Tuesday, 10 August 2010


Modernising Sherlock Holmes never seems a good idea although in the past a few film-makers have attempted it without coming completely unstuck. There was a film with Raymond Massey where Holmes had a modern (for the Thirties) office and, of course, the Universal Pictures series of B-movies starring Basil Rathbone set Holmes and Watson down in the dark days of World War Two and provides some first class entertainment for everybody except the most rigid purists. So, modernising is not, in reality, quite as bad as it seems at first. The news that the BBC were producing a new series which relocated Holmes in the London of 2010 did seem a bit worrying but with writers like Steven Moffat and Mark Gattis on hand all has turned out well...very well indeed. The first series consists of three feature length films (more promised for the future) with the first being based on Conan Doyle's A Study in Scarlet - with a new back story but keeping John Watson's return from Afghanistan (how little things have changed), Holmes and Watson's first meeting, taking the rooms in Baker Street and Mrs.Hudson and Lestrade and the new title A Study in Pink. The second ventured into Sax Rohmer territory but had nods to both The Sign of Four and the Rathbone SPIDER WOMAN. The last of the three episodes pays homage to several Doyle stories including The Bruce Partington Plans and The Five Orange Pips and in a wonderfully creepy scene to Rondo Hatton's Creeper in PEARL OF DEATH. The casting is faultless with Benedict Cumberbatch as Holmes, Martin Freeman as Dr.Watson , Rupert Graves as Lestrade, Mark Gattiss as Mycroft and Una Stubbs as Mrs,Hudson. Each modernisation is carefully thought out from Dr.Watson being a blogger to Holmes "This is a three nicotine patch problem!" and just incase you are wondering, yes, James Moriarty turns up and.....oh well, just buy the DVD (as an extra you get the 60 minute unaired pilot film)....trust me, I'm a blogger.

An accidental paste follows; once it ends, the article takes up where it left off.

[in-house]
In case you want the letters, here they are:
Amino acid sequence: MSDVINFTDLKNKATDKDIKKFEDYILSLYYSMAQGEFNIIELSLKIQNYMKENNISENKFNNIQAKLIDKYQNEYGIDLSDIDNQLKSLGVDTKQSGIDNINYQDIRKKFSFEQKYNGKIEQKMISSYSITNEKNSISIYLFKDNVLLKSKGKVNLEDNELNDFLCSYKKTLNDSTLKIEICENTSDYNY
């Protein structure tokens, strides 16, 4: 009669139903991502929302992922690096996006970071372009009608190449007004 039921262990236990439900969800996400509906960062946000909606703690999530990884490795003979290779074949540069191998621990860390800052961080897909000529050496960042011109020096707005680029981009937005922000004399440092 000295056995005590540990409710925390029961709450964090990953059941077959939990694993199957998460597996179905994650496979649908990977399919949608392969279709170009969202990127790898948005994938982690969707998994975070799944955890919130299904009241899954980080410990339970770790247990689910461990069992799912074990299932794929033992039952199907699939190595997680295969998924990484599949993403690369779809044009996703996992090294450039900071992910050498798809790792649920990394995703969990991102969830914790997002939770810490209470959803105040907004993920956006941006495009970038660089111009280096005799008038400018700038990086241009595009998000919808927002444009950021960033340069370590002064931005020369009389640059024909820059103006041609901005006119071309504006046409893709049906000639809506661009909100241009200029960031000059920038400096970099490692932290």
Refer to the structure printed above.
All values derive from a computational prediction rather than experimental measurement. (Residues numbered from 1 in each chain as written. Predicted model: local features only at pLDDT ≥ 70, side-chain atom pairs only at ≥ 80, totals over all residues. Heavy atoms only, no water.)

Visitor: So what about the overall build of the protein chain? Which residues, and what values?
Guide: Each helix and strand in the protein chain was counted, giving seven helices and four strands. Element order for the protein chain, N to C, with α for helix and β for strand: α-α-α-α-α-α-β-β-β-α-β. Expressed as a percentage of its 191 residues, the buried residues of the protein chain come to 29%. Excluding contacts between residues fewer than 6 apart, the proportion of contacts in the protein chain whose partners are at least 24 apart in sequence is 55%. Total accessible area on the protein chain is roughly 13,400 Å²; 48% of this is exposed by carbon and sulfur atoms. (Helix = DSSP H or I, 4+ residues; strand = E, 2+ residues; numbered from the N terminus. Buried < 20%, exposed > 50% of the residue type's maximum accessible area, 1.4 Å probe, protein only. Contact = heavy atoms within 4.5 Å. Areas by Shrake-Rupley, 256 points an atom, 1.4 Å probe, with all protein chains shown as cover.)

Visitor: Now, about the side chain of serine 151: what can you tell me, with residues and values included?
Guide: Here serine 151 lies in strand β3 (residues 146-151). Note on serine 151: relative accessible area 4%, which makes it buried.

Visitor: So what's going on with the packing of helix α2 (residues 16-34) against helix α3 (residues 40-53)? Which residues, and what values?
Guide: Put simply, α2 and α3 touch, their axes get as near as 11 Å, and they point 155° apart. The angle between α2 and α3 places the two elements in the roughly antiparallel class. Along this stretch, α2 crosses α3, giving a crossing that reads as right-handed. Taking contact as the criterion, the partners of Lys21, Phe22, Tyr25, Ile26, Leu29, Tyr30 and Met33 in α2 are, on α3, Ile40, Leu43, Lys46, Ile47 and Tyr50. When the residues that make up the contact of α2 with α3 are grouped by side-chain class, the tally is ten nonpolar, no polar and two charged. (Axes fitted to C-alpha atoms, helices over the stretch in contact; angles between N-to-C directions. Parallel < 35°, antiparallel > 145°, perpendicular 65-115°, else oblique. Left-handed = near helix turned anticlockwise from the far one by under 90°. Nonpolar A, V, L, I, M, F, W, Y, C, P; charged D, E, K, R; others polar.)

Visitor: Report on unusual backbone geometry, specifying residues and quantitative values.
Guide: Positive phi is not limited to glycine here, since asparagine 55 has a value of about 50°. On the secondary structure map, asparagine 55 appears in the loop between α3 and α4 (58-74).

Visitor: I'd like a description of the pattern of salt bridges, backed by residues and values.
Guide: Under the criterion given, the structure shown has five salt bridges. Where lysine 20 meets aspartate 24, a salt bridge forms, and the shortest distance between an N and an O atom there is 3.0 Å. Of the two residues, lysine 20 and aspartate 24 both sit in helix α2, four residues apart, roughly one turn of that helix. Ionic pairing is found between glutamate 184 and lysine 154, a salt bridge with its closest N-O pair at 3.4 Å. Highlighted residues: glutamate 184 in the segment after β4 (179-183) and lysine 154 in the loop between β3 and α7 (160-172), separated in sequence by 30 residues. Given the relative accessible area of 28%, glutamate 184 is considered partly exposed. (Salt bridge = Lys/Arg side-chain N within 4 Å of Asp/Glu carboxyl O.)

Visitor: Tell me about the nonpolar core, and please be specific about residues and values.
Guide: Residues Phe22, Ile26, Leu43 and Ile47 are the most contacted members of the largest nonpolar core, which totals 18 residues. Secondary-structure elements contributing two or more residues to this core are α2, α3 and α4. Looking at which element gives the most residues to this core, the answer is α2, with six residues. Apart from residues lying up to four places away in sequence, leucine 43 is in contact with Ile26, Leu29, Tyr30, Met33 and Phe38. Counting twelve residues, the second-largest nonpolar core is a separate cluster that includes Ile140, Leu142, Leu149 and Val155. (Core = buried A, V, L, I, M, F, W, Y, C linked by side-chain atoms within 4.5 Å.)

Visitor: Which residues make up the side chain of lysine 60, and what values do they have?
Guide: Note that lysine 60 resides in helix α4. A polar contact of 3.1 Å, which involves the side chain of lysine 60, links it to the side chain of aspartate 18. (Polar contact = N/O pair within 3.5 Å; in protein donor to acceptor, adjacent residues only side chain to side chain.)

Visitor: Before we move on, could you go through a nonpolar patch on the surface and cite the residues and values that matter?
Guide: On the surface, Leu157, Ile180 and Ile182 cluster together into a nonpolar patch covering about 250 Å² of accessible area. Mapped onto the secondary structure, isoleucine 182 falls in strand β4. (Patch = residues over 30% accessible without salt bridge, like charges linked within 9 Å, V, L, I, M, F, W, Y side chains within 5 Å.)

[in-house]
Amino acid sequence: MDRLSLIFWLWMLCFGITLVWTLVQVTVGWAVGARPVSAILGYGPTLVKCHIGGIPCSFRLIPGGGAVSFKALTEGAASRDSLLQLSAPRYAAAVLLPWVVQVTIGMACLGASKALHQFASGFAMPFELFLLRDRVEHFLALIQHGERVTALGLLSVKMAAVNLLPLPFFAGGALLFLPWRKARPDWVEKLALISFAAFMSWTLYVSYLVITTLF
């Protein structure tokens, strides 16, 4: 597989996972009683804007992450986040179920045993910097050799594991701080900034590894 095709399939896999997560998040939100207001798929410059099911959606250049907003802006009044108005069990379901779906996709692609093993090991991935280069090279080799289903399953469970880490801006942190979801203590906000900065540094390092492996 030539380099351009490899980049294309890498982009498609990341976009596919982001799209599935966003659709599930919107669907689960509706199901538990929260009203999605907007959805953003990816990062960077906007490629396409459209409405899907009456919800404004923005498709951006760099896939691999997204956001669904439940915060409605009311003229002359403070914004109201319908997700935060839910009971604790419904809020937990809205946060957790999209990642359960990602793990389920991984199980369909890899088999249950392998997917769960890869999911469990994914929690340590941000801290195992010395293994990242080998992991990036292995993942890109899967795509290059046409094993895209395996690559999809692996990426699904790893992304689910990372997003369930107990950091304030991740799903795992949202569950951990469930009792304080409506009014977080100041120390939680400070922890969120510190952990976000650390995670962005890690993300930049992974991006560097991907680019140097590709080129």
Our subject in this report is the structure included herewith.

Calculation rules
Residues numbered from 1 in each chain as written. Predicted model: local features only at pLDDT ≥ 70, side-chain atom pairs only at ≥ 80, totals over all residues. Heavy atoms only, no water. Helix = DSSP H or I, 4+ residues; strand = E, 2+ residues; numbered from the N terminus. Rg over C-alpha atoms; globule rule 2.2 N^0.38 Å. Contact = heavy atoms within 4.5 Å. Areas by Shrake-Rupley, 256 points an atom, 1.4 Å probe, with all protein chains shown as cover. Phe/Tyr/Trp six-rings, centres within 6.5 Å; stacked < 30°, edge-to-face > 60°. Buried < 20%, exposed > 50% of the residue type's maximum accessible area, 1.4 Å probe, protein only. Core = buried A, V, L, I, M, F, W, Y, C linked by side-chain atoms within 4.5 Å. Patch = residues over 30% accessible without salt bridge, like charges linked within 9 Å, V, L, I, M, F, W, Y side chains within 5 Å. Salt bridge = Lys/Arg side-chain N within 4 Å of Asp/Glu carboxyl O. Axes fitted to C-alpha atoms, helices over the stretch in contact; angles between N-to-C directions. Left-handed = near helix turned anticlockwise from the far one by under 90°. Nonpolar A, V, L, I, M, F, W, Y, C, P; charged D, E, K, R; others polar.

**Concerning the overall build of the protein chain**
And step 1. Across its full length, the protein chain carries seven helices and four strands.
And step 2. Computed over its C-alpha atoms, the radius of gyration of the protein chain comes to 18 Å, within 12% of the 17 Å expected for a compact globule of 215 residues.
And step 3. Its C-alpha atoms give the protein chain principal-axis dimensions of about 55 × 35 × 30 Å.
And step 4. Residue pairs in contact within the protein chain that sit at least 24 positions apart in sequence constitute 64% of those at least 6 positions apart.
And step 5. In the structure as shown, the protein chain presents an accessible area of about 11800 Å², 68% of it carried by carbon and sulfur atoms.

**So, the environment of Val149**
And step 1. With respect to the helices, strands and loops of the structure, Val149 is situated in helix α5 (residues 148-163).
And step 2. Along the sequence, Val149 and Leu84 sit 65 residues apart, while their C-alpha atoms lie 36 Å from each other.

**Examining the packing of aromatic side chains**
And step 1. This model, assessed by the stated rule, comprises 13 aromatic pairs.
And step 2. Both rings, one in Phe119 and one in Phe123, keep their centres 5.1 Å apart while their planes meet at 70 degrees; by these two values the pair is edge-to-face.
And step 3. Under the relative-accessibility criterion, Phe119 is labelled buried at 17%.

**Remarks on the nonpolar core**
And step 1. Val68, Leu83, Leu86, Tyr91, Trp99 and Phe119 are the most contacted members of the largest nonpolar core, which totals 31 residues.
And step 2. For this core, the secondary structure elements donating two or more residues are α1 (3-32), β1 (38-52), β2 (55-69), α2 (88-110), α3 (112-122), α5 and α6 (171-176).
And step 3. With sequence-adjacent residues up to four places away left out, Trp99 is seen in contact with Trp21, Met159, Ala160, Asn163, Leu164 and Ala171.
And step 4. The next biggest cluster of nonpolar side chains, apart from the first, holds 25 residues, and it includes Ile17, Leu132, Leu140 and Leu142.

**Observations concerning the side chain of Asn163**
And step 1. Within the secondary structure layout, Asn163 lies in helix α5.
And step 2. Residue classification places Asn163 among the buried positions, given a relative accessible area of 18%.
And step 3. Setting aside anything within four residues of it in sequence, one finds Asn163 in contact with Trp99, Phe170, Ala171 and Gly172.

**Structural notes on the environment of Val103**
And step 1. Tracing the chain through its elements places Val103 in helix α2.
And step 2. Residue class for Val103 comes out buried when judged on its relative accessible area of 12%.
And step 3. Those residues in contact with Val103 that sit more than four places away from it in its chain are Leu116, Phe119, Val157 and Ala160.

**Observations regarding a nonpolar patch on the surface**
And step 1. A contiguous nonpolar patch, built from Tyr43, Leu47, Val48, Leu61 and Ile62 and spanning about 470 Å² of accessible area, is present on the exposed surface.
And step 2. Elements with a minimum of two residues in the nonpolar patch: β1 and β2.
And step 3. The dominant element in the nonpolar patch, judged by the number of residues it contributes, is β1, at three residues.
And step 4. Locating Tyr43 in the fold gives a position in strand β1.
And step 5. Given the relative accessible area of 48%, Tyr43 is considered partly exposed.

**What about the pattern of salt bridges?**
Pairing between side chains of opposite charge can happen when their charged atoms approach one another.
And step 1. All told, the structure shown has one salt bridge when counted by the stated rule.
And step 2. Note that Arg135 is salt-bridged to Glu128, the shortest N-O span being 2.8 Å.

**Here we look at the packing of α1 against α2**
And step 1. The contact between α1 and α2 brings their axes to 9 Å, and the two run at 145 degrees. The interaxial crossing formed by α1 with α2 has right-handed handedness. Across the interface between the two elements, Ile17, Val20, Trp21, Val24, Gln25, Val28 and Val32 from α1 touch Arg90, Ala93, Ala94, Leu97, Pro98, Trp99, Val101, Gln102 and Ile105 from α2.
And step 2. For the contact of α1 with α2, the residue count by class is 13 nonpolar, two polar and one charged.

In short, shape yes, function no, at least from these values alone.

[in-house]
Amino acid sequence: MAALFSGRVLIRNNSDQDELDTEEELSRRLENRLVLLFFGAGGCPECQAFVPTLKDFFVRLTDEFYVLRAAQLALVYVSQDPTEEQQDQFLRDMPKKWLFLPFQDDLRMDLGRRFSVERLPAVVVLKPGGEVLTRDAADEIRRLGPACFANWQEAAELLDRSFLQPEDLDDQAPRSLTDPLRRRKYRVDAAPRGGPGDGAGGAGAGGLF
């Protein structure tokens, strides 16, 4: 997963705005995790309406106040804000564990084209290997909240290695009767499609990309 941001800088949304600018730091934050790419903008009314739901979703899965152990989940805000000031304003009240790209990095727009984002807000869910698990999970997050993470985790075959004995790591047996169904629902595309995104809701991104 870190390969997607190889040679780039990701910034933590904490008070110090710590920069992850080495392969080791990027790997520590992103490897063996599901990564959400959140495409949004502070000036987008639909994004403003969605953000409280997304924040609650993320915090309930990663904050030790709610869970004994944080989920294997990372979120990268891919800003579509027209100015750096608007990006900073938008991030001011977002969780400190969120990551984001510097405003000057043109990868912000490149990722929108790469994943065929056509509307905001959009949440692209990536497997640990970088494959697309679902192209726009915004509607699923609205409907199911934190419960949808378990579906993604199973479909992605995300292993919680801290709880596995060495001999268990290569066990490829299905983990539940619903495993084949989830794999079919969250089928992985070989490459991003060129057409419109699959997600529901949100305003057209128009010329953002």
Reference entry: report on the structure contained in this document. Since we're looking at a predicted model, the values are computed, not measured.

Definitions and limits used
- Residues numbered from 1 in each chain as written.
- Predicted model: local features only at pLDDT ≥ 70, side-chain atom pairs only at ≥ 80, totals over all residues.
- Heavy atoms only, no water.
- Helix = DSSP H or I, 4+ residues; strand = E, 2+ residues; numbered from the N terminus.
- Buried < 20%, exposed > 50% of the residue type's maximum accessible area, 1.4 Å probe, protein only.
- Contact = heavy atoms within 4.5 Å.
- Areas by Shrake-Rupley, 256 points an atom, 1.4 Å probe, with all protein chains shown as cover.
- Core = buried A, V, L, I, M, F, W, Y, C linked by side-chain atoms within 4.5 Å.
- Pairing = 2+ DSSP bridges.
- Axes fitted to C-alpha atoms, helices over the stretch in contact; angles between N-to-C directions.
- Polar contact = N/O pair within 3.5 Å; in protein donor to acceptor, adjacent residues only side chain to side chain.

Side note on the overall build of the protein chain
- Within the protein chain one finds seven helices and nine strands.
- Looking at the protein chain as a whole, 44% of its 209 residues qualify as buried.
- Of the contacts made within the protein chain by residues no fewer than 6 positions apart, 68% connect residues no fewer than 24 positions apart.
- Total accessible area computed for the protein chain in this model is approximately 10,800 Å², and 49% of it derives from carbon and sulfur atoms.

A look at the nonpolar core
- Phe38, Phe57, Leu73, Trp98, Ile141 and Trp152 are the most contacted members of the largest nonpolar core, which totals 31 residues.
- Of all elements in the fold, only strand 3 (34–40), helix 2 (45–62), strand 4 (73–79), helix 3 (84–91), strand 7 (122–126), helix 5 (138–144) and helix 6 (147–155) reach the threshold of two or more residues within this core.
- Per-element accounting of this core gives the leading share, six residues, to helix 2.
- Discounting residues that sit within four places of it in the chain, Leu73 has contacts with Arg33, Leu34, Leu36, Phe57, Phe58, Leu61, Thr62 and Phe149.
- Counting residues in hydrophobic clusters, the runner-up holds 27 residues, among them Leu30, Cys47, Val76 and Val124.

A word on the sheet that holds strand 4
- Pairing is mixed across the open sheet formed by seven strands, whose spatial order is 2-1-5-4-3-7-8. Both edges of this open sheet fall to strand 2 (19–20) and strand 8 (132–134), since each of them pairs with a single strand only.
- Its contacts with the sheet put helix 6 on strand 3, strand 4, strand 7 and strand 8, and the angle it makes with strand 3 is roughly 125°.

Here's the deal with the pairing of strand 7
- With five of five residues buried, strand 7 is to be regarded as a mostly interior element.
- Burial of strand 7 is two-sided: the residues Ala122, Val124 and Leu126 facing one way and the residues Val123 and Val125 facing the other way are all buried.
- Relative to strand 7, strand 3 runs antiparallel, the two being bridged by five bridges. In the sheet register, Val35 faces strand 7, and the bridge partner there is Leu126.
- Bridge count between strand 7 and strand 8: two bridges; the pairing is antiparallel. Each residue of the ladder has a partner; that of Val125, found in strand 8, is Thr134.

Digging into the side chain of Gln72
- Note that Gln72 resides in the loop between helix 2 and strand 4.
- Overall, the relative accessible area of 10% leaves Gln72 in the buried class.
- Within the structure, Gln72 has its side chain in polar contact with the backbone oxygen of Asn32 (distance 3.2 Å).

Terry Frost said...

Seen all three episodes so far and I agree, it's pretty bloody good. Moriarty is a revelation when he's revealed and there's also a sense that the Holmes/Moriarty conflict is a clash of super-human intelligences and that Moriarty is a dark mirror version of Holmes himself. Nicely worked out, especially the variation on The Baker Street Irregulars.

Cerpts said...

I shiver with keen anticipation!!!